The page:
A Big Draw – The Rolex Milgauss
Omega had the Railmaster and Universal developed the Polerouter, proving that there was a market for such watches. This was before watchmaking technology had progressed to where it is today with amagnetic compounds being available to make the important timekeeping elements of a watch impervious to magnetic fields. But why MilGauss?
Gauss in a CageCarl Friedrich Gauss is regarded as one of the greatest mathematical physicists in history. His ground-breaking research in magnetism led to him devising a way to represent magnetism in units called gauss. Each of us is always surrounded by an electromagnetic force of approximately 0.5 Gauss. A small toy magnet would measure approximatley 10 Gauss. Much like a Submariner or Seadweller that is totally over-engineered for 99.9 percent of users’ needs, the Rolex Milgauss was able to withstand magnetic fields of 1000 gauss…hence the name! So how did Rolex make this possible? They used a Faraday Cage. The faraday cage was the brainchild of Michael Faraday who amongst other innovations, created sheilds that could block and redistribute electromagnetic fields to protect sensitive equipment.
Swiss R&DWhen we think of Rolex or Tudor and the historical development of professional watches, names such and Comex, Pan-Am, Sir Edmind Hilary and the Marine Nationale (French Navy) spring to mind. When it came to testing and developing the Milgauss, the solution was a little closer to home. The Conseil Européen pour la Recherche Nucléaireor CERN is based in Geneva and regarded as the pre-eminent particle physics research facility globally. As attested to in the famous Milgauss booklets that accompany the watches, from the late 1950s, CERN confirmed that the Milgauss could be exposed to magnetic fields of up to 1000 gauss without any negative impact on timekeeping.
The Early YearsThe first Milgauss reference was the 38mm steel case 6543. One of the biggest mysteries of these early Milgauss is the rotating bezel was marked with single units of one to five. The dials had a textured, almost weaved finish with MILGAUSS was printed in red. The anti-magnetic properties of the watch came from the use of a soft-iron shield around the movement, acting as a miniature faraday cage. The next Milgauss reference was the 6541, which was very similar to the 6543, the biggest addition being the ‘lightning-bolt’ seconds hand. Rolex used the 1080 calibre and the weaved texture dials in both models. Internally, there was a small change. Both references had an iron ring around the movement, but where in the first reference a thick case back was used, the 6541 had an additional inner sheild as well as a standard steel outer case back. Maybe due to the strange rotating bezel, 6541 references produced for the American market had solid polished steel bezels installed, which was a great segue into the third series of watches.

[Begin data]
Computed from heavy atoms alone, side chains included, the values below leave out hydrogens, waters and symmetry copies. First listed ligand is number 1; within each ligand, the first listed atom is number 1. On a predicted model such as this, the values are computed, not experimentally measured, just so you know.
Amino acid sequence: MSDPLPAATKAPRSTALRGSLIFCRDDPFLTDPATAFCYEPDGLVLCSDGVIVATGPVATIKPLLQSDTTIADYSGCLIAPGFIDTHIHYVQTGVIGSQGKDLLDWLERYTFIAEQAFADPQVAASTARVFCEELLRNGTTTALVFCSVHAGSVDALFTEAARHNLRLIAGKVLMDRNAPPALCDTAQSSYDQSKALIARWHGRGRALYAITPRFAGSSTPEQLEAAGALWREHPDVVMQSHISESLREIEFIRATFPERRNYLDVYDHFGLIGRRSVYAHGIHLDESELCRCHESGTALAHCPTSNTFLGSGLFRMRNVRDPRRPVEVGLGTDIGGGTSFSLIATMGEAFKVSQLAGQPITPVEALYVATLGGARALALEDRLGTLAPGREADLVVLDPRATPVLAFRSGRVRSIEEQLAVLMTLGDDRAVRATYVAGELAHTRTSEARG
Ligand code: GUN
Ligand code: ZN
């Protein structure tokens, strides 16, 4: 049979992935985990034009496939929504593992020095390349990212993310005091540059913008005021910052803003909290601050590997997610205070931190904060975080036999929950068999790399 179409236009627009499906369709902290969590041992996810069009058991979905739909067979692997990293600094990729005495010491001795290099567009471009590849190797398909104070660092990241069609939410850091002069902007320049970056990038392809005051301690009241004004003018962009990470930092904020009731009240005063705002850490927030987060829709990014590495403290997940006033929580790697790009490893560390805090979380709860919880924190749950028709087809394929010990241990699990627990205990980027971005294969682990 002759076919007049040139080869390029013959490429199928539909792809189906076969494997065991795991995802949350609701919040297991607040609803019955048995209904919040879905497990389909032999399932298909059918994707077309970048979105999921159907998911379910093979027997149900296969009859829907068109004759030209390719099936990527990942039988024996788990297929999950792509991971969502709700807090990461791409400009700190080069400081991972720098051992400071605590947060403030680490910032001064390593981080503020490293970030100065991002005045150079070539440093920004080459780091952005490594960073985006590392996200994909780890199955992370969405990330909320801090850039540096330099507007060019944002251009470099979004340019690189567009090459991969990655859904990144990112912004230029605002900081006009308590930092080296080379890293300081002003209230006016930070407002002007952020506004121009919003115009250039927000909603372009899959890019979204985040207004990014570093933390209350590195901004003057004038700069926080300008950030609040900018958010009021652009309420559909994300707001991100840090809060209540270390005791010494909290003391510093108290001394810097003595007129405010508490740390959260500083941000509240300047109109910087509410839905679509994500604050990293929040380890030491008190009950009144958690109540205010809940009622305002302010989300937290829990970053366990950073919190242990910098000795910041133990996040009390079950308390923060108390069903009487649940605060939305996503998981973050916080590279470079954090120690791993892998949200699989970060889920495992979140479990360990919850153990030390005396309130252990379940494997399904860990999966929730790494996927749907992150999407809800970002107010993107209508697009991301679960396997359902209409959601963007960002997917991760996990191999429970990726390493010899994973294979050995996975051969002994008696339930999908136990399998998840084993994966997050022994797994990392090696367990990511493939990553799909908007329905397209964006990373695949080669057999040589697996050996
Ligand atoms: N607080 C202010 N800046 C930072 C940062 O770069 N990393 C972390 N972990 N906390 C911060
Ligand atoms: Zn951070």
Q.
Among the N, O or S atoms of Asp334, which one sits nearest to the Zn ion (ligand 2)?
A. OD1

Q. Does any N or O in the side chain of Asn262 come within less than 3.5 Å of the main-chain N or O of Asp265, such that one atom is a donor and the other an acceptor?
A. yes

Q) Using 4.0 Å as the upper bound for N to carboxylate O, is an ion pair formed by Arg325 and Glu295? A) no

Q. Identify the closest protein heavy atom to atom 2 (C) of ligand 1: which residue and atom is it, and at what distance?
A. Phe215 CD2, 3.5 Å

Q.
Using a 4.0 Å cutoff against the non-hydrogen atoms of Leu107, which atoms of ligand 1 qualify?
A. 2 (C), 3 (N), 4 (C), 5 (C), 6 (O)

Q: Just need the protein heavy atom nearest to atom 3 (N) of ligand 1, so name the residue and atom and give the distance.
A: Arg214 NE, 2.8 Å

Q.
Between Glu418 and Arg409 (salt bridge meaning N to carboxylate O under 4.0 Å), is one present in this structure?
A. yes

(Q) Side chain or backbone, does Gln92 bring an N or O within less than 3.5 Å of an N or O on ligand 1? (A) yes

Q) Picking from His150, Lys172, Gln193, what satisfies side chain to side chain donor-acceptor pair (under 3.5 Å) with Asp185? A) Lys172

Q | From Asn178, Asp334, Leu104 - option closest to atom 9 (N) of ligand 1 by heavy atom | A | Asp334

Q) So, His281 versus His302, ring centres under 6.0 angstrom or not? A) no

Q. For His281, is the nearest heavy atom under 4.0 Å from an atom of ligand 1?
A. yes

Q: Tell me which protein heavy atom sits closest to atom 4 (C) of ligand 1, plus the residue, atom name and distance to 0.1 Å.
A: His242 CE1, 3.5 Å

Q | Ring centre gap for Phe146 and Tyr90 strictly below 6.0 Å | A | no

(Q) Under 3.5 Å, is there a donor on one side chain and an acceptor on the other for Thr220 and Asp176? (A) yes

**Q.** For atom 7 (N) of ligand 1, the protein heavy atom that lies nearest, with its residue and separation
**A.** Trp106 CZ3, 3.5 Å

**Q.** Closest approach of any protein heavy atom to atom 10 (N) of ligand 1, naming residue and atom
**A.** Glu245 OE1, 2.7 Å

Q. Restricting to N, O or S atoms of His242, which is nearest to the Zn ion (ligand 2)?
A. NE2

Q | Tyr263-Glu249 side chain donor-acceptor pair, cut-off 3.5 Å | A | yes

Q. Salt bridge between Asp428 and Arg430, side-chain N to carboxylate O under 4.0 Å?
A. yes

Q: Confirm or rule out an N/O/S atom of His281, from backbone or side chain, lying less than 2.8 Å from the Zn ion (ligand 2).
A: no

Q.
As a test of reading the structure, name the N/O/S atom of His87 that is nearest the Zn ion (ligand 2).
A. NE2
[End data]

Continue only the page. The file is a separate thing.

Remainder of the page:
Steel Style1019 was first launched in 1960 was a stalwart of the sports family until 1989. The case size was, as with previous models, 38mm and housed the calibre 1580 movement. As with the 6541, the 1019 had an additional amagnetic inner shield that completed the faraday cage construction. The hour and minute hands were of a unique baton shape that is a little like the Tudor Homeplate hands and the seconds hand had a red tip. For the first decade of the watch’s life, the hands were polished with a central ridge running along their length. In around 1970 the hands changed to a flat matte brushed steel style. The dials were available in either black or silver and both had the word MILGAUSS in red. The silver dials featured a super cool and interesting vertical brushed finish, that had previously been seen on some rare Datejusts and other Oyster watches.
One of the rarest is a black dial that has two very interesting attributes. The first is a small batch of black dials with silver text and minute track. The vast majority of black dial watches have white text and minute track, making silver examples super collectible. The second is that the lume plots were noticeably square as opposed to the domed round mounds we are used to seeing. Square lume also existed on silver dials from the same time, circa 1970. The combination of black dial and square lume is, however, a winner!
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Watch the video where Bernhard is telling the full story behind this crazy watch!
Milgauss Strikes BackLike phoenix rising from the flames, the Milgauss was reborn at Baselworld in 2007 with a new reference 116400. The contemporary watch is a cool amalgam of the 6543/1 watches and the 1019. The is a very modern 40mm and is driven by the calibre 3131 that features the parachrom hairspring and anchor escapement, which make huge improvements in the anti-magnetic properties of the watch. Rolex reintroduced the lightning bolt sweep seconds hand but instead of the early rotating bezels, went with a smooth steel bezel as seen on the US-market 6541s and the reference 1019. The lightning bolt seconds hand was bright orange, as was the text MILGAUSS on the dial and orange was also a feature of the lume markers. To celebrate 50 years of the ‘official’ launch of the reference 6541 Milgauss in 1957 (the 6543 was viewed as a pre-production model), at the 2007 launch also Rolex unveiled the 116400GV. The same watch as the regular black dial version, the GV (glace vert) had a special green sapphire crystal fitted. Finally, in 2014 Rolex revealed a new 116400GV with electric blue colour dial. Referred to by Rolex as the Z-Blue dial.